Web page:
One of the most important applications of hydrogen is its use as energy storage. This is a key point for its introduction into the market and one of the main advantages and values of hydrogen as an energy carrier. Hydrogen is characterized by a high energy density per unit mass but not per unit volume so its mayor problem is that storage in normal conditions occupies much volume.

For this reason there are several ways to store hydrogen in different stages of development, including:

Compressed Gas:

This is the most often used technique to supply hydrogen in pressures up to 700 bar. It is a generally available and low cost technique. Only relatively small amounts of H2 at 200 bar are stored nowadays and storage at higher pressure (700 bar) is still in a development phase.

Liquid hydrogen:

It is a commonly used and well-known technology, obtaining a good storage density. It requires very low temperatures and therefore greater insulation than normal, so that the cost can be high.

Metal hydrides:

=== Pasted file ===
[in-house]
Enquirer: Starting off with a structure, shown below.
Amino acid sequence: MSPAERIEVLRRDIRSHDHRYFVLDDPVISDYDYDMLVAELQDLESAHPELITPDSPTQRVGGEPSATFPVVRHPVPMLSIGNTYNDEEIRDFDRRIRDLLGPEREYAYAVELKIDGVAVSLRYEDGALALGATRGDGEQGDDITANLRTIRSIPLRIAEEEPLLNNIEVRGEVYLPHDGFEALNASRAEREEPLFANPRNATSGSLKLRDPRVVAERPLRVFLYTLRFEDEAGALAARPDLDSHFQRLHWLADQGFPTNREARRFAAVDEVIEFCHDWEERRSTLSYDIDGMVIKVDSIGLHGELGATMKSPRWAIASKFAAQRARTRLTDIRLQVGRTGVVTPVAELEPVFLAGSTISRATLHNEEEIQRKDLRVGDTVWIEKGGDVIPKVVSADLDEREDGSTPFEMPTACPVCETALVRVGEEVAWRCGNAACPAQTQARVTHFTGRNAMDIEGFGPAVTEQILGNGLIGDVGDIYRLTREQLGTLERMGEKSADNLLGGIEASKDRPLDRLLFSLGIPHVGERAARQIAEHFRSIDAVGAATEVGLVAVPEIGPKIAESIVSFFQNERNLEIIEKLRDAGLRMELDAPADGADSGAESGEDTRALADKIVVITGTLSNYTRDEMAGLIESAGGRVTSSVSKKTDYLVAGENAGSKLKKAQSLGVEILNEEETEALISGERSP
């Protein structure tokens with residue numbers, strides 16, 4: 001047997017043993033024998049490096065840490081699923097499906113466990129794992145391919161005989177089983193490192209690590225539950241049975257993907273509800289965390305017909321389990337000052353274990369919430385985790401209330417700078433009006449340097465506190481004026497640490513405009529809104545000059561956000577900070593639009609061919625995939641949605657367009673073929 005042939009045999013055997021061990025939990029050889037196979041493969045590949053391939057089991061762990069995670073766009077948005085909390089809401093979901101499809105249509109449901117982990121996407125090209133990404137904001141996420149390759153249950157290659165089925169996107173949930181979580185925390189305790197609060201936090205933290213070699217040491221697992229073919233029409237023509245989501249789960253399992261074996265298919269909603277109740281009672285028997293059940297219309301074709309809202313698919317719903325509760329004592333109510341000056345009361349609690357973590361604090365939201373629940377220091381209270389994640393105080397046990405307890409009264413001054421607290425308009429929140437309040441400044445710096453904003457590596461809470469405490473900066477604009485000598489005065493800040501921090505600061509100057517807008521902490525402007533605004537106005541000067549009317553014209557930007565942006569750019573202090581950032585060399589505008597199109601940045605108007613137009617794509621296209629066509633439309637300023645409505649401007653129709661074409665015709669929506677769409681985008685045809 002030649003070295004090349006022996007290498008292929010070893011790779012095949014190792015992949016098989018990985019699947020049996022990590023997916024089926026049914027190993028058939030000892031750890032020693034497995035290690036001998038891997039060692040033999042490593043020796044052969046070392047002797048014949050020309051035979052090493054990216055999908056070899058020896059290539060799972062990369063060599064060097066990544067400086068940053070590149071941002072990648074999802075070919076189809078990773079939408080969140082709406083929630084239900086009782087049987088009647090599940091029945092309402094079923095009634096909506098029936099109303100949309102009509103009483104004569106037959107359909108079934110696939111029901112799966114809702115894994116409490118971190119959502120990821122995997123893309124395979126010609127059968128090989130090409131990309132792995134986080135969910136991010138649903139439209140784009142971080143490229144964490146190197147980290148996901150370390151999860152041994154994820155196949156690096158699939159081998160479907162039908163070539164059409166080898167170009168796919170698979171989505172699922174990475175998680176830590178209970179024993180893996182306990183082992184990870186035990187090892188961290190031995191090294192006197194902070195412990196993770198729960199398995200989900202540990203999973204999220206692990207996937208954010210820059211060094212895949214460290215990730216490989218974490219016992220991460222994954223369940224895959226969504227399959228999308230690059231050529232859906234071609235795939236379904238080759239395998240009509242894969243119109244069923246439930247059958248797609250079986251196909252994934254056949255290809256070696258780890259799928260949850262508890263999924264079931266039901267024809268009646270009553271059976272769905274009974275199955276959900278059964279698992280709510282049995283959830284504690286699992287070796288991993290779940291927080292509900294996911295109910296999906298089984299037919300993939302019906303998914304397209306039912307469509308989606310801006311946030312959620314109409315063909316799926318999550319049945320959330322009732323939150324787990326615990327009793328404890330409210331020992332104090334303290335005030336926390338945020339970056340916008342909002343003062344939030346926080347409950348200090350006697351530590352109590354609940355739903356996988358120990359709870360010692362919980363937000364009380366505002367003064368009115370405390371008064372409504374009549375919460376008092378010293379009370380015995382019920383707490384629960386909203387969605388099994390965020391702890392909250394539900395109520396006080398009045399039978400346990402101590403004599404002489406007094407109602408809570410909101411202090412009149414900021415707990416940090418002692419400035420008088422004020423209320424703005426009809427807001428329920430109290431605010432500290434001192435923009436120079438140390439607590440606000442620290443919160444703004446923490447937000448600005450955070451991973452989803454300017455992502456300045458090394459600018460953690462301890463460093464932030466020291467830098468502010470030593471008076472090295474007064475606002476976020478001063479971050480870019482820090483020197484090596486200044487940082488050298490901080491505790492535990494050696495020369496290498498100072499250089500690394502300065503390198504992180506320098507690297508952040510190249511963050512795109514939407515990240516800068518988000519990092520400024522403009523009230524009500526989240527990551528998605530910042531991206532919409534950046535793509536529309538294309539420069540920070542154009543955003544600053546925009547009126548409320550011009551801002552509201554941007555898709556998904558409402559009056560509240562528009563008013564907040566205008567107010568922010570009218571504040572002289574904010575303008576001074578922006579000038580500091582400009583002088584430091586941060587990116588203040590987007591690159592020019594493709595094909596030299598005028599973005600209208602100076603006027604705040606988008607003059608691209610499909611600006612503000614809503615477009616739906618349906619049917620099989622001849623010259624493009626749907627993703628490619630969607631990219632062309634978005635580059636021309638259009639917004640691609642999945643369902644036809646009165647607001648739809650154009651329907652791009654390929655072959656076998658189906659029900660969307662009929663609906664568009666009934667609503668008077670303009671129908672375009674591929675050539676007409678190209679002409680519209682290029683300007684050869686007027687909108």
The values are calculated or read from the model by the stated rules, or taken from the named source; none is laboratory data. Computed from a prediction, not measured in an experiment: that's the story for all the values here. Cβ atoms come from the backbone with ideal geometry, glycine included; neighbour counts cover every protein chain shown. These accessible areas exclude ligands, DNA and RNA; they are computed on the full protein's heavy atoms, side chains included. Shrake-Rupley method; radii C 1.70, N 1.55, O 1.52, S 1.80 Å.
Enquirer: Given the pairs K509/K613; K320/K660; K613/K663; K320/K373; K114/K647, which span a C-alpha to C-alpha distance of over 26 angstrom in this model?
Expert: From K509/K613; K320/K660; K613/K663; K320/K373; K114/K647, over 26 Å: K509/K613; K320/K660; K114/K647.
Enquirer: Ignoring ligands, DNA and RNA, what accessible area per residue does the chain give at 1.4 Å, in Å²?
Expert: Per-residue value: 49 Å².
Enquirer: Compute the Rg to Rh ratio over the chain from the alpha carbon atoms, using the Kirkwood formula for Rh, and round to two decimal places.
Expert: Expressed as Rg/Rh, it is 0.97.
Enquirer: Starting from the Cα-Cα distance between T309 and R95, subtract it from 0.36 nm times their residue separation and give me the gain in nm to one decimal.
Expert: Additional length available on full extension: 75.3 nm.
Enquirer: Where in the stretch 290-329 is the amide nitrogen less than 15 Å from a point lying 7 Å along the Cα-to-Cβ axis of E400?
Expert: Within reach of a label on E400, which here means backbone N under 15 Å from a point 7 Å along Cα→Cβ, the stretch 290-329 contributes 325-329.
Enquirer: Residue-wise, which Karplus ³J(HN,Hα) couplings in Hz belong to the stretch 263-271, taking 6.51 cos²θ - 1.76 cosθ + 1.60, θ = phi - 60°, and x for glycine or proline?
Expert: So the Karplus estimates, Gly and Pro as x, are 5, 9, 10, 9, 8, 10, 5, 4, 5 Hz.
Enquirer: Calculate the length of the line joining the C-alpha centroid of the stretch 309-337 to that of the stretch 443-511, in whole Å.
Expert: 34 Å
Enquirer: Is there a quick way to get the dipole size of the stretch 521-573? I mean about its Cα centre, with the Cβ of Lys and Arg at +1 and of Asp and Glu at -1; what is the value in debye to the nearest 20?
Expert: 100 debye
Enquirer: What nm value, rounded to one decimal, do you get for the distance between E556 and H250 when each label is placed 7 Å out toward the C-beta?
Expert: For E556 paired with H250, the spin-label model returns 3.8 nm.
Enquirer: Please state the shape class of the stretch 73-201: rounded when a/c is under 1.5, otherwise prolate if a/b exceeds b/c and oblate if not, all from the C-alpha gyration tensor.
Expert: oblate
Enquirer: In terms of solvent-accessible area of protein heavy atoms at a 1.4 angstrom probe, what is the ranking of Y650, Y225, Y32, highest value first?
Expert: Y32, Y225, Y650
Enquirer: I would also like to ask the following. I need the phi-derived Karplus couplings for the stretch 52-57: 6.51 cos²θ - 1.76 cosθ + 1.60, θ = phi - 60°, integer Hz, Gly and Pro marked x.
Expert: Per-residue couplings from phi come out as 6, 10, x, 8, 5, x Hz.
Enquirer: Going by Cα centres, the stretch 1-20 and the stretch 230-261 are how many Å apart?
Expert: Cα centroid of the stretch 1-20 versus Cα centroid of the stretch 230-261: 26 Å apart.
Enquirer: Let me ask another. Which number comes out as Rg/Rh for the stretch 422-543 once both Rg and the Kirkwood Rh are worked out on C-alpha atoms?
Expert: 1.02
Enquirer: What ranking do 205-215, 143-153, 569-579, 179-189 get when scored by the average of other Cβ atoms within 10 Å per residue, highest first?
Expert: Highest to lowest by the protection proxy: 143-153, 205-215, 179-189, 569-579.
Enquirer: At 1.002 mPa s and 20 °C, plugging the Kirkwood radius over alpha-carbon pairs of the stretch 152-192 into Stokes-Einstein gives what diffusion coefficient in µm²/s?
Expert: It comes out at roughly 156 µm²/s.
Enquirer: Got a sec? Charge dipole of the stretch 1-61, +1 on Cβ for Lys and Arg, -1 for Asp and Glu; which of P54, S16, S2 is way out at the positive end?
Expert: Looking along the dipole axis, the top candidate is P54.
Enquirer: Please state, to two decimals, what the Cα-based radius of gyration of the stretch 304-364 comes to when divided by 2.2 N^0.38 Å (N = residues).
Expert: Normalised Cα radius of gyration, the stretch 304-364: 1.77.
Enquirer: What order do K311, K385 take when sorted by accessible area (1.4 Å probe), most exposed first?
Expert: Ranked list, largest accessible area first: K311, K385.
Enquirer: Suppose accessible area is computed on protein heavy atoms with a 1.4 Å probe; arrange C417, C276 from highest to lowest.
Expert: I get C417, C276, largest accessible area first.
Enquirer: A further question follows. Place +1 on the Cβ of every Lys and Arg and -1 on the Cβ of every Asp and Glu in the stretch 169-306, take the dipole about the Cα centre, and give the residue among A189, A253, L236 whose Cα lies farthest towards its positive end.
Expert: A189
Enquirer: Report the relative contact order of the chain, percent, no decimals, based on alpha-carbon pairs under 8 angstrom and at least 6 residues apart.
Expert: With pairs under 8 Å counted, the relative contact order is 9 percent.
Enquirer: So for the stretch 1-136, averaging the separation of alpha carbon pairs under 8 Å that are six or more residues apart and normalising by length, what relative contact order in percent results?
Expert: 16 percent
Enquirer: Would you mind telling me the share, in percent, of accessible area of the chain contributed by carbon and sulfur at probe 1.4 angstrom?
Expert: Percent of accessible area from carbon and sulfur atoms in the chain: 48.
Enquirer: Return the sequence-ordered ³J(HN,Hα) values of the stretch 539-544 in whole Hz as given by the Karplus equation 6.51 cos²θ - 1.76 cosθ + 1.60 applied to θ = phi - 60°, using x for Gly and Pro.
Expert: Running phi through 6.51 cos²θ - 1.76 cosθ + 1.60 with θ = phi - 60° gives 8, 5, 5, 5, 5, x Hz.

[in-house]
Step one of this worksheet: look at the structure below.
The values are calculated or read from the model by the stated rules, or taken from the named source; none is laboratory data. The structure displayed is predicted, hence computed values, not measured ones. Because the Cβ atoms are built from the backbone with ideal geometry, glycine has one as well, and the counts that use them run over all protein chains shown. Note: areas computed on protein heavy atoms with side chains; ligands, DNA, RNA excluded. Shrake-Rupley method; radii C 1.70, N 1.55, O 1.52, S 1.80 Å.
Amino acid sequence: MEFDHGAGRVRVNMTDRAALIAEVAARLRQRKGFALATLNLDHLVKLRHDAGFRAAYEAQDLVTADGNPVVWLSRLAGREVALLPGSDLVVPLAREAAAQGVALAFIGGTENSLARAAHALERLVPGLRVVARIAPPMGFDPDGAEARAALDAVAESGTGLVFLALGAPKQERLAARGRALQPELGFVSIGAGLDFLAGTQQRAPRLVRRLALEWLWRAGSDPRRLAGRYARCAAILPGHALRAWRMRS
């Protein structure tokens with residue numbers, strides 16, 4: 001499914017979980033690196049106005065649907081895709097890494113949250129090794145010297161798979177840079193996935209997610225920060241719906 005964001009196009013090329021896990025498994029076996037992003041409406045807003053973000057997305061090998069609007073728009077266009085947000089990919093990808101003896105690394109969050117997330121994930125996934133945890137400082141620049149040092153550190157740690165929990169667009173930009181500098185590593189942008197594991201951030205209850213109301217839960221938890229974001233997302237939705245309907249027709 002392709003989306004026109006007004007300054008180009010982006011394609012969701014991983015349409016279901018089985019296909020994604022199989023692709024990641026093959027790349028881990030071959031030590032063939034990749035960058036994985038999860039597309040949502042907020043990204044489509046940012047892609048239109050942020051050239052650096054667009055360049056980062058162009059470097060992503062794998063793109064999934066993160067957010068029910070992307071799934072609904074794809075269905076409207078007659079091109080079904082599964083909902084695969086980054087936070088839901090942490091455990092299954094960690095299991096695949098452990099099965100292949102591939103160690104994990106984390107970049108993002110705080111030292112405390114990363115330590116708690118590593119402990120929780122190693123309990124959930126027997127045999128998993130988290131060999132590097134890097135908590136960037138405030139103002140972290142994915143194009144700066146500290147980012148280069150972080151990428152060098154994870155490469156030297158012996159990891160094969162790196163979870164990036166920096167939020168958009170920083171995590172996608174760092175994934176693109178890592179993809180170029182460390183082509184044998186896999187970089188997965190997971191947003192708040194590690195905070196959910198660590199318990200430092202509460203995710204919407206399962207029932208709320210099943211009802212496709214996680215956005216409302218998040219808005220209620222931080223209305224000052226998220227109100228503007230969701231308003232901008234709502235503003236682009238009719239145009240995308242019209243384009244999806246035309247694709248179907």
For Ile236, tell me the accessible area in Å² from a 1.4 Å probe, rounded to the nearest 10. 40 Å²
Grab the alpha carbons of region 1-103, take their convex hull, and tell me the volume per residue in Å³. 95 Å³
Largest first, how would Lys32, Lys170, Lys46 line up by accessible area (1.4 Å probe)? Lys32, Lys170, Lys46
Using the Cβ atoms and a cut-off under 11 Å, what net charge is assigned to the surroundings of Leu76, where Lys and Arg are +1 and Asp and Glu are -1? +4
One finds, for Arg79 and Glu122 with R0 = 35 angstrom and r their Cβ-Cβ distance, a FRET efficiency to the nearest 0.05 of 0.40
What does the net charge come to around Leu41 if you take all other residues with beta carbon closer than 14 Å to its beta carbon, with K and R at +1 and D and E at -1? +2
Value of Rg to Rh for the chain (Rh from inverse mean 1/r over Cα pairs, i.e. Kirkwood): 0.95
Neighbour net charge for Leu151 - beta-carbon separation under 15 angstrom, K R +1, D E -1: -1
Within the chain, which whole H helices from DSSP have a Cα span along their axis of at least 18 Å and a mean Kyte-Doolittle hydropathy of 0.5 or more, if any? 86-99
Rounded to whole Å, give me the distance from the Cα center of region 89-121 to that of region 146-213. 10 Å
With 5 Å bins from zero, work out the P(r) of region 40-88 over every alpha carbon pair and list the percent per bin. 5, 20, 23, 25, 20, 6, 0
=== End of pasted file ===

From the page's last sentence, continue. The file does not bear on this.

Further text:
It is a very secure system because hydrogen is stored into a solid (metal). The shape of the storage tanks can be adapted to the needs of each application. As metals are used for securing the gas, weights are raised considerably and its lifetime can be less. Today it is a bit expensive technology.

Chemical hydrides:

Forming reversible hydrides reactions are well known. They are compact systems with small size and they need special infrastructures.

Carbon structures:

Different carbon-based structures are being studied, such as the nanotubes, which allow a high density of hydrogen storage also being very light. They are currently under research and development.